the weather was gorgeous but windy. 'round 6am we had 5 auger crews out digging holes—3 on trackers and 2 hand augers in order to prepare for the planting crews. thanks to our tractor crews: uncle charlie conrad, tom spooner, roger lavoie, and WCpete—our tractor drivers and our auger guiders: sam, kayleigh, and raven. special thanks to our hand auger crews: randy and mike on the two man and john fox on the single auger. hand augering requires quite a bit of upper body strength!

lot12 was soon dotted with holes ready for the planting crews. ger and pat isles [volunteer educator, maryland grape growers association/head of the facilities committee, southern maryland wine growers cooperative/vineyard manager at summerseat and all around great guy!] prepped the roots and gave the volunteers instructions as to how to plant the vines properly.

had been running back and forth all morning—coordinating the food prep and delivery with lyrel, coordinating shirts, nametags and welcoming attendees with kathleen—so when i ran up and over the hill the planting was well underway. and what a sight it was! all our good friends from college, work and the wine growing community were scrambling about the field, united in fellowship and vines. it was too much to take in, so i plunged into the planting melee and started snapping pics of everyone and thanking, thanking them. we estimate around 50 people were able to participate in the days event. it was awesome to be able to share with our friends what occupies a good portion of our lives and dreams.

special thanks goes out to bruce perrygo (maryland grape growers assoc. coordinator) and caroline baldwin (vp for maryland grape growers/southern maryland winegrowers coop) for their expertise and row management. towards the end of the petit verdot, several friends, bruce and caroline noticed we were in danger of having a few partial rows of the two different petit verdot rootstocks and the potential mixing of the barbera. i remember bruce standing in the field like a sentinel, coordinating with our planters and maintaining field order like a true general. we'd also like to thank rich fuller and his wife grace, for volunteering their time and energy to the task.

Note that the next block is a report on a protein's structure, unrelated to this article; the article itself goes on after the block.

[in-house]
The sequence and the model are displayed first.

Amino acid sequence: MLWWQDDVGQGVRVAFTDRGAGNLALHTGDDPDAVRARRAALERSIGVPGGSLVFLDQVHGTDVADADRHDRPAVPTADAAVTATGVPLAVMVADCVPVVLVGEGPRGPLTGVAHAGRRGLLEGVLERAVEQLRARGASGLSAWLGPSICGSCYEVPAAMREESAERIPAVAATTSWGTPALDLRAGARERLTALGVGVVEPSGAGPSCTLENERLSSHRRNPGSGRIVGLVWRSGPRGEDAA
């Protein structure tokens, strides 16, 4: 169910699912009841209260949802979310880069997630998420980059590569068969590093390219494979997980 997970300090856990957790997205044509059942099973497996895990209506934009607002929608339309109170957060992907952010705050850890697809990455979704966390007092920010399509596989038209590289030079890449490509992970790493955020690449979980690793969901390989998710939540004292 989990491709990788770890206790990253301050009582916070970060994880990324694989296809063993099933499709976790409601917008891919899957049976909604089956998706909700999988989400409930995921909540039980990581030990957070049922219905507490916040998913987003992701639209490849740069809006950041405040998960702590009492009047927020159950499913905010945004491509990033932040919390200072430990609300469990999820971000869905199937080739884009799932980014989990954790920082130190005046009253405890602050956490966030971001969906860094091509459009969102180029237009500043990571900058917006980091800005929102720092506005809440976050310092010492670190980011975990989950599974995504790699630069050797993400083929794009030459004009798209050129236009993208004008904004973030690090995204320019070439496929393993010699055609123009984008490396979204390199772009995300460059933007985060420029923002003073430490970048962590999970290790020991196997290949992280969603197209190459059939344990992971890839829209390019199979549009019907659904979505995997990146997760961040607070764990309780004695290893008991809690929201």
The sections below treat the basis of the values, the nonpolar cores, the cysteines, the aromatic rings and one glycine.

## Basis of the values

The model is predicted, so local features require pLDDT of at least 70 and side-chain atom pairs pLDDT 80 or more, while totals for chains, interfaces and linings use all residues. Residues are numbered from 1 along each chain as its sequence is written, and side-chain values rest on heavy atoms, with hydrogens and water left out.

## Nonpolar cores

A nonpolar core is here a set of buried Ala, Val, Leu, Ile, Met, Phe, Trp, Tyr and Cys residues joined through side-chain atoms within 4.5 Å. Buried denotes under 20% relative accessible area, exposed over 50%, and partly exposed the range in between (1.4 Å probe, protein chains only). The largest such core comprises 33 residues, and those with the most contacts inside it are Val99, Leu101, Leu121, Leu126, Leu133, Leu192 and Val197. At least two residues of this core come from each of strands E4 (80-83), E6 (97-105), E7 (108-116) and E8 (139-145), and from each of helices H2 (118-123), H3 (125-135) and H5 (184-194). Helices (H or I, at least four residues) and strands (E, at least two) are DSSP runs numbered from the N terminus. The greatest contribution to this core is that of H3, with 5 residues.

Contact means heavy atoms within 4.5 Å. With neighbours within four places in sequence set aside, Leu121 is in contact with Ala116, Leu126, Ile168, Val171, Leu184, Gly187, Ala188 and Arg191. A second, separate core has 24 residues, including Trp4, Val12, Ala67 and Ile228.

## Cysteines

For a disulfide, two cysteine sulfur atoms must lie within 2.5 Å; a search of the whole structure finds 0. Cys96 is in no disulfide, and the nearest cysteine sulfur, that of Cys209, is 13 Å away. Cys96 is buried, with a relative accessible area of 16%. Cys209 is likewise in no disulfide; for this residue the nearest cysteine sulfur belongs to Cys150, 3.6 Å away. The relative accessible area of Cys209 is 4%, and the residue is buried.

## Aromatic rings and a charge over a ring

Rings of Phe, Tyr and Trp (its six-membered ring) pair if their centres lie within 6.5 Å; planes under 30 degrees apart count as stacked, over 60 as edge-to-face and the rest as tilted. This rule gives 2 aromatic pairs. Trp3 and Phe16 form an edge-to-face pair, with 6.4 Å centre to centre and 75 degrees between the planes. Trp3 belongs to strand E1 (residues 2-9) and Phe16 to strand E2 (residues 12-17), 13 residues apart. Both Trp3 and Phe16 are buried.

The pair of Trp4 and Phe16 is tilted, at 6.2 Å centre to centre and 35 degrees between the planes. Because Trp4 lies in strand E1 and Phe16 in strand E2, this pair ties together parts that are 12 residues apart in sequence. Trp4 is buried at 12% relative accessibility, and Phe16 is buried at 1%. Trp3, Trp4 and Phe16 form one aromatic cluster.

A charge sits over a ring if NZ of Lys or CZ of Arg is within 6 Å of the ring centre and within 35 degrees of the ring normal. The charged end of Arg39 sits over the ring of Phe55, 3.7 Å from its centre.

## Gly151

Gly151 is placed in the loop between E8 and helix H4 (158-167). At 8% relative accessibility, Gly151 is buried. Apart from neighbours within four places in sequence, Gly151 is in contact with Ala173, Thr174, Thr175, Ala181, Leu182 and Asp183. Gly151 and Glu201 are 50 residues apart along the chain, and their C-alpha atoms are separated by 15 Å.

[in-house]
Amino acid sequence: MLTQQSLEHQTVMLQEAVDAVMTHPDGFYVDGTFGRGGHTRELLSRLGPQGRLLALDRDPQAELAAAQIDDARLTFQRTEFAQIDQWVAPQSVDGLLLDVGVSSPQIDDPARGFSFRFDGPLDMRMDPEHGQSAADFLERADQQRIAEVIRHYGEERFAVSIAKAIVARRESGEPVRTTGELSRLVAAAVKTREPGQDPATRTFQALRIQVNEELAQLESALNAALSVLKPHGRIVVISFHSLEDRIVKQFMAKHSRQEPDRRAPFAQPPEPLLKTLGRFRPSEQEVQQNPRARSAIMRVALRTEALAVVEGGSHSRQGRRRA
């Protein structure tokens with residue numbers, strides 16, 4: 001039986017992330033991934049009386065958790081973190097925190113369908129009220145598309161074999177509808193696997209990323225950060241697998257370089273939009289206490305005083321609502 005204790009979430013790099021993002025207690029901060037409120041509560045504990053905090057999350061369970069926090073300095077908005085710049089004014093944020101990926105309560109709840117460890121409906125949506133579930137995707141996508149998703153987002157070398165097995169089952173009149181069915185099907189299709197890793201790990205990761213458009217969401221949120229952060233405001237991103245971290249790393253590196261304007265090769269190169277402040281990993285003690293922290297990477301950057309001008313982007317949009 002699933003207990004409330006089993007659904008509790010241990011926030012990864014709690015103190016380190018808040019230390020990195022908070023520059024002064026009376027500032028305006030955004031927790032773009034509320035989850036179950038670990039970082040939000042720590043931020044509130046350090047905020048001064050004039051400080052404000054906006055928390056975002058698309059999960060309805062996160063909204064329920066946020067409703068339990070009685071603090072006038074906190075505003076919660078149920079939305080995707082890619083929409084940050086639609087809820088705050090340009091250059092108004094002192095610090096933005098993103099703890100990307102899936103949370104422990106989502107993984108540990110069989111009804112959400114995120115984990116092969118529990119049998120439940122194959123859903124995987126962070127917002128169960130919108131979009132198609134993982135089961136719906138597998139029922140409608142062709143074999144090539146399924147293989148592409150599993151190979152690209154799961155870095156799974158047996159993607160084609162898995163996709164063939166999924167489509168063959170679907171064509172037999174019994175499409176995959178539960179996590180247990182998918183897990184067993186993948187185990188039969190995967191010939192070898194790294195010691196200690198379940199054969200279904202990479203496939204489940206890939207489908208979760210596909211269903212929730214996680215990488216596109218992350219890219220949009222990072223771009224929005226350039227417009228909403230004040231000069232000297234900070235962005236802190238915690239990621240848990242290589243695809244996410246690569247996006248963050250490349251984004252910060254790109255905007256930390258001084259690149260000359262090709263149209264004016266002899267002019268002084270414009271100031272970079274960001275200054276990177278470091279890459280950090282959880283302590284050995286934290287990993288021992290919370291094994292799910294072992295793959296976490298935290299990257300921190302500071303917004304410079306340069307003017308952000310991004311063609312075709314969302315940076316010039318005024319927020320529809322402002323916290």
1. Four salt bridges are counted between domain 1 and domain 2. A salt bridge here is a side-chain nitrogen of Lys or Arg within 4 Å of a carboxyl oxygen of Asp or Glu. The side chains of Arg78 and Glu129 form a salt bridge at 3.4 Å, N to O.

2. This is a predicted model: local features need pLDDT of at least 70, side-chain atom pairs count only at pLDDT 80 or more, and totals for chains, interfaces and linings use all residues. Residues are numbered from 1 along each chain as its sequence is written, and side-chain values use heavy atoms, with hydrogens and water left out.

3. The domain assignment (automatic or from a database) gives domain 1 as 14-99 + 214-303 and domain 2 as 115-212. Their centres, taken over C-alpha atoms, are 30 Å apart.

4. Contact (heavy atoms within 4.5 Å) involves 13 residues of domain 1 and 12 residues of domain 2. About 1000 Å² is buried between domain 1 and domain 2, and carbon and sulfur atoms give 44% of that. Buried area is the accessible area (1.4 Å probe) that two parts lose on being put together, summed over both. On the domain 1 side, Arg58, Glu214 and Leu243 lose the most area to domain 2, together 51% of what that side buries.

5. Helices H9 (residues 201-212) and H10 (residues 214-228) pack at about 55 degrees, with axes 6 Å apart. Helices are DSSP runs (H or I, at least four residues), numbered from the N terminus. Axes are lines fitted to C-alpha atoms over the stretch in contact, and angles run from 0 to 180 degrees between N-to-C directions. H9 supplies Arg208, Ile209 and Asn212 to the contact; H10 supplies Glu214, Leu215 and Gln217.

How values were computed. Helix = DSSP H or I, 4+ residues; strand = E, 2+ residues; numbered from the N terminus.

after we had a lunch, rich fuller, president of the southern maryland wine growers association gave an update to the crowd about the port of leonardtown winery and offered an investment opportunity in the winery. if you are interested in investing in the winery, please contact rich @

after lunch, we headed back into the field to finish planting the barbera. this is where i want to thank everyone again—i know its hard to work after lunch! but the bet part was the little ones, now that the tractors and heavy machinery had left the fields, were able to participate. ger and i settled into planting with our friends and later remarked how cool it was to hear the different conversations people were having as they planted. fathers and grandfathers talked with their children and grandchildren. co-workers learned a little more about each other. complete strangers laughed and shared their lives and how they were connected to this crazy enterprise. what an awesome day!

read all about our exploits in the post!


Saturday, April 04, 2009

Happy Rootstock 2009!

The day is here! We're in the wee hours right at the start of Rootstock 2009. Today over 75 people are expected at the vineyard to plant 2,400 vines in lot12. We'll plant 1,200 each of petit verdot and barbera vines. There will be t-shirts, a hot lunch, and a day of gorgeous weather for the attendees—plus those that complete the rigorous training will receive the Official Rootstock 2009 Certificate of Completion!

Thank you, friends of the vineyard for your support! Looking forward to seeing you there!